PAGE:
There is a phenomenon known as “phantom limb,” which describes the experience of some amputees who continue to sense a missing arm or leg. Scientifically, it’s related to muscle memory, but it’s a poignant illustration of how our minds sometimes cope with loss by imagining the continued existence of something now absent. Artists Jimmy Baker and Matthew Hillock cast a new light on this idea with the collaborative exhibition Phantom Eye, which is meant to explore ways we see and understand loss, relating it to imagination and memory. Baker creates multimedia works on canvas to add layers to narratives, while Hillock uses GIFs, screenprinted silks and prints on Dibond to offer shards of personal stories. See it in an opening reception at Zhulong Gallery (1302 Dragon St.) from 6-9 p.m. Thursday, or through September 11. Admission is free. More at zhulonggallery.com.
Alan & Michael Fleming
There is perhaps no collaborative team more qualified to explore the nuance of subjectivity and objectivity in human existence, especially as it relates to individuality and connection, than Alan & Michael Fleming. These 30-year-old twins have been artistic partners for a decade and they’ve spent much of it asking questions like, “How does synergy unfold between separate individuals?” and, “How can you make transparent the invisible bonds that manifest through collaboration?” In their newest exhibition, Gemini , which opens at Cydonia Gallery (167 Payne St.) at 6 p.m. Friday, the twins explore these questions further in a selection of old and new works. At 11 a.m. Saturday, they’ll enact a performance in Klyde Warren Park (2012 Woodall Rodgers Freeway.). Admission to both events is free. More at cydoniagallery.com.
Favio Moreno: Grotesque Beauty
Favio Moreno has a grasp on color like no one else in this city. His unique visual language combines interests in painting and printmaking in ways that are at once rebellious and alluring. The Dallas-based artist claims influences from Latin and American culture, but he’s blended them in a way that’s all his own. Once you see a Moreno piece you’ll quickly recognize his work upon your next encounter, and yet, no two Morenos are alike. See his latest work in , a solo exhibition at The Public Trust, 2271 Monitor St. The opening reception will take place from 6- 9 p.m. Saturday. Admission is free. More at thepublictrust.com.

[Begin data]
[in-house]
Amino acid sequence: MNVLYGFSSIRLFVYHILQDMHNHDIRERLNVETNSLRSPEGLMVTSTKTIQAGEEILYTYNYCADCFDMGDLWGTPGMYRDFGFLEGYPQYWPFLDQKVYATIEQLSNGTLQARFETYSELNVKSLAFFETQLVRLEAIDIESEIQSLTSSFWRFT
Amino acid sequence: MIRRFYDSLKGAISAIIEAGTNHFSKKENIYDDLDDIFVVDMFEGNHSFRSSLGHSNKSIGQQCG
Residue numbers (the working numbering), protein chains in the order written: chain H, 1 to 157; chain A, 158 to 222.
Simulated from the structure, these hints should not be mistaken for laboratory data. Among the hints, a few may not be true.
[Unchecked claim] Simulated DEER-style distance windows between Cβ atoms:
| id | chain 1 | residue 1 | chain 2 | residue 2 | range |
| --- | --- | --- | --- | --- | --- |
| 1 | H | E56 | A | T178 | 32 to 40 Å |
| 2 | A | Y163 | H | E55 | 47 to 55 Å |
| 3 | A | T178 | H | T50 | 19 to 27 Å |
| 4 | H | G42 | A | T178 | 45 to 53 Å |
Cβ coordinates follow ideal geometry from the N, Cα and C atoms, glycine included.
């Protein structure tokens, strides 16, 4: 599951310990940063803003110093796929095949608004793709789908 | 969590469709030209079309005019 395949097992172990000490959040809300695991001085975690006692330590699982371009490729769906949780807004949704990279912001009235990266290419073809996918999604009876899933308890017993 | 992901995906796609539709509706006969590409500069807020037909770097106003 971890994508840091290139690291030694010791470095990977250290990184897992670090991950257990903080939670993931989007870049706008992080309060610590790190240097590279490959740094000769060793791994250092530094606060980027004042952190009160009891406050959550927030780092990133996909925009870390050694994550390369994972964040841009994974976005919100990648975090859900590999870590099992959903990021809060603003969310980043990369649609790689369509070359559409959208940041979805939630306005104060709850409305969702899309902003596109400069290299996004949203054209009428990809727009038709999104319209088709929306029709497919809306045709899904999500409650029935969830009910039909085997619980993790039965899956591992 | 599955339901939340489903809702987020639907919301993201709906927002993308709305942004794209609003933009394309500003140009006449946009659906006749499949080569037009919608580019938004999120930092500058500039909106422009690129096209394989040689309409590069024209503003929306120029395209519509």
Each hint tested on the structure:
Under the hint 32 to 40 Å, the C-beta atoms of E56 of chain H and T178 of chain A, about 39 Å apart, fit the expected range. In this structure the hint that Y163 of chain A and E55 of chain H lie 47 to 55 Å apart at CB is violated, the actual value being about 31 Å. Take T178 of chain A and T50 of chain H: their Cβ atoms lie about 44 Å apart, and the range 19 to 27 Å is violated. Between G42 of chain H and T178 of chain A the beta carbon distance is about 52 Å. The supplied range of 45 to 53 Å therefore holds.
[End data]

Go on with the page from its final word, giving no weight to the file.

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Trey Egan: wise with the feeling
Do certain songs move you? Or maybe there’s a beat that inspires you? For artist Trey Egan it’s progressive trance and electronic beats, which he uses to create a certain energy in his paintings. He describes it as a stimulator for his artistic synapse. Maybe his paintbrush is dancing to the music, because the paintings that develop are groovy. Check out his luminous abstractions in his second solo exhibition at Cris Worley Fine Arts (1845 Levee St., No. 110) in an opening reception from 6-8 p.m. Saturday. Admission is free. More at crisworleyfinearts.com.
Lisa Siders: When the Light Shines I'm Overcome
When Lisa Siders lost her only child at just 13 years old. As a way to cope, she found herself walking through cemeteries, where she found artificial flowers swept away by the wind from their intended loved ones. She describes finding them covered in mud or shredded by the blades of lawn mowers, and she began collecting them, washing them, pressing them and sewing them into collages that she then grew a salt crystal on. This new life she was able to give the objects of grief carried along her own journey. See the final installation during the opening reception from 6-9 p.m. Saturday at The Safe Room at the Texas Theatre, 231 W. Jefferson Blvd.